The centre does not just provide good education. A major part of the project is the feeding program. The centre feeds the children two meals a day, breakfast and lunch. This goes a long way to help the children who, before the feeding program began, were lucky to have had just one meal every two days. They are now much healthier. It is not only the feeding program though which has gone a long way in improving the health of these children. Many of the children come with problems such as ringworm and bacterial infections. These are dealt with by the centre. One of the most pressing problems these children face to their health are jiggers. These are small, sand mites which burrow into the childrens feet, eating their flesh. The longer they stay in their feet, the bigger they get. They must be removed otherwise their feet begin to rot. At least 4 of the children would have not been able to walk, one of whom would have lost a toe, had it not been for the care and attention they now receive at the centre. The jiggers are removed here at the centre and they all receive medical attention every day. The centre works in partnership with the parents of these children who are both illiterate and innumerate to educate them to help with the all-round care of the children.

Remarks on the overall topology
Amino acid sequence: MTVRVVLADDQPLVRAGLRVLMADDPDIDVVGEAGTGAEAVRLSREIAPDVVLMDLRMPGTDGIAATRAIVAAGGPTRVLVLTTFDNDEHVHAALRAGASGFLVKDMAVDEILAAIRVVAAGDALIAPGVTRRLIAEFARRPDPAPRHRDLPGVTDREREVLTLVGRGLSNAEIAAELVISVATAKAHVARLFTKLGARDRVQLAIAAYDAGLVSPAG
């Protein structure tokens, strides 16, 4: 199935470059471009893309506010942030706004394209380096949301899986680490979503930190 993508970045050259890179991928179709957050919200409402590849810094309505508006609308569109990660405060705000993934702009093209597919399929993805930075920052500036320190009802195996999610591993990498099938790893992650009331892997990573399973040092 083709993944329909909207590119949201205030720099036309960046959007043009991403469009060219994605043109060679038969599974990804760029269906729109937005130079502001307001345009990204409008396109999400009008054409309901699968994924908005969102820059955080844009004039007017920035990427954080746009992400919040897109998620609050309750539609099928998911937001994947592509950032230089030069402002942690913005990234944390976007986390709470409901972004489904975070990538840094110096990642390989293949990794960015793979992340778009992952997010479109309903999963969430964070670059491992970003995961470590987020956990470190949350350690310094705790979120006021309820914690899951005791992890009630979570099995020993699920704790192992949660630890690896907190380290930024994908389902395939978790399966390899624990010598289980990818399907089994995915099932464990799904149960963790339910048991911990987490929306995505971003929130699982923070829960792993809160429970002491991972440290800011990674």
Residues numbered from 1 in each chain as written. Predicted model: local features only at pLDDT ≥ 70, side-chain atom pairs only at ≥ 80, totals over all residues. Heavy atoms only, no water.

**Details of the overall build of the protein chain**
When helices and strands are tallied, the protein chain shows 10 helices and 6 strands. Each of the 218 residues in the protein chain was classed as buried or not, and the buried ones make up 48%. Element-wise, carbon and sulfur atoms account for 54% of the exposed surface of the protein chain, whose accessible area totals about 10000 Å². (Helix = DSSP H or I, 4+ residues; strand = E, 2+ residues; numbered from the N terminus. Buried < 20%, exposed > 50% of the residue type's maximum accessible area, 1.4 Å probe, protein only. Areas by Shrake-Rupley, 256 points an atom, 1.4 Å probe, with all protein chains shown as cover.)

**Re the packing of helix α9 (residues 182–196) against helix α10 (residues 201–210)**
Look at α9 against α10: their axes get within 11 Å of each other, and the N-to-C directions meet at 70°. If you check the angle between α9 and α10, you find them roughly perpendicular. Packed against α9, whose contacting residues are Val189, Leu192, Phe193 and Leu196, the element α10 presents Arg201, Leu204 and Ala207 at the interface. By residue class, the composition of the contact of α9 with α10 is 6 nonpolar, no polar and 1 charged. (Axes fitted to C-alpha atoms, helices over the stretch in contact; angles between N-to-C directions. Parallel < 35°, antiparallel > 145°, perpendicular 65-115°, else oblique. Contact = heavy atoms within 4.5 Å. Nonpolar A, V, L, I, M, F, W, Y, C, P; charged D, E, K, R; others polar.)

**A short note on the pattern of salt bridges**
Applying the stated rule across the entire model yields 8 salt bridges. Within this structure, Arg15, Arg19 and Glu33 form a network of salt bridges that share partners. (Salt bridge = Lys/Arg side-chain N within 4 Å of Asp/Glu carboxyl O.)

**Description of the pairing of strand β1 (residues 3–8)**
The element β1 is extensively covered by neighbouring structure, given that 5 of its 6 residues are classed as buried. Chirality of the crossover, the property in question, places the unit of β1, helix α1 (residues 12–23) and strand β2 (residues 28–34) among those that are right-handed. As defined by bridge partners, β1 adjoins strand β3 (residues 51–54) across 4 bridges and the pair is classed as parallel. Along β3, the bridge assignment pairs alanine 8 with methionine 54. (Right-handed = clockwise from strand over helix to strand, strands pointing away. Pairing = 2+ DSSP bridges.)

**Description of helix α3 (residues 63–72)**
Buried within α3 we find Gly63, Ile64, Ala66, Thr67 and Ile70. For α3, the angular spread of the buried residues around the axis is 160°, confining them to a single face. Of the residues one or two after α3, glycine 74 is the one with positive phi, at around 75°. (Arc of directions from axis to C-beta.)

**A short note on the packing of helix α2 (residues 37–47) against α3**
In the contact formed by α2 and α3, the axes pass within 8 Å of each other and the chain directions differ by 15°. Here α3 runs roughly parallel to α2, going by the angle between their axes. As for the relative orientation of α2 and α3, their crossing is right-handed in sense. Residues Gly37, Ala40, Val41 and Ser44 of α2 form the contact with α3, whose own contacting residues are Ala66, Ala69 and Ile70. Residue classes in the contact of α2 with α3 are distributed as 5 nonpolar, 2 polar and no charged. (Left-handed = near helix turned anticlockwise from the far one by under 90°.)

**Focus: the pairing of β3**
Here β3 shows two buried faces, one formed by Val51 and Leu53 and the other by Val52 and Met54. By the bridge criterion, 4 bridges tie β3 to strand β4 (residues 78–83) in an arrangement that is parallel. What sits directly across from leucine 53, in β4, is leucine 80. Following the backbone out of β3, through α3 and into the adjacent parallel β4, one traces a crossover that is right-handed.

Community regeneration is another major focus for the centre. Its direct focus is to empower the women of the area, some of whom are grandmothers and mothers of the children attending the centre. These women are both illiterate and innumerate, but are eager to learn. This project is a womens self-help initiative aimed at creating a Griama cultural centre managed and run by the women themselves. The income generated will allow them to become self-sufficient. One of the agreed terms of participation will be they use earnings to take their children to school, no longer relying on charity. It is envisaged that through the centres support within 2 years these women will be independent. I have great admiration for these women. I always see them working extremely hard, doing all the washing, tending to children and all of the cooking. It is also their job to build mud huts and do all related chores. They truly are amazing people. On top of the womens group, we have set up two community football teams; men and womens teams, who train together. Its such a great laugh. What it does is gives these women a break from their tiring lives and gives them something to look forward to. It also encourages exercise and a sense of community. Ill attach a couple pictures of the womens group and also from the community football.

I hope youll still find time to consider the centres application and I apologise again for the misunderstanding. I can assure you of a monthly update, giving my progress and that of the centre also. My mother sends a monthly update to the committee back home as well so if you would like this report then please do not hesitate to ask.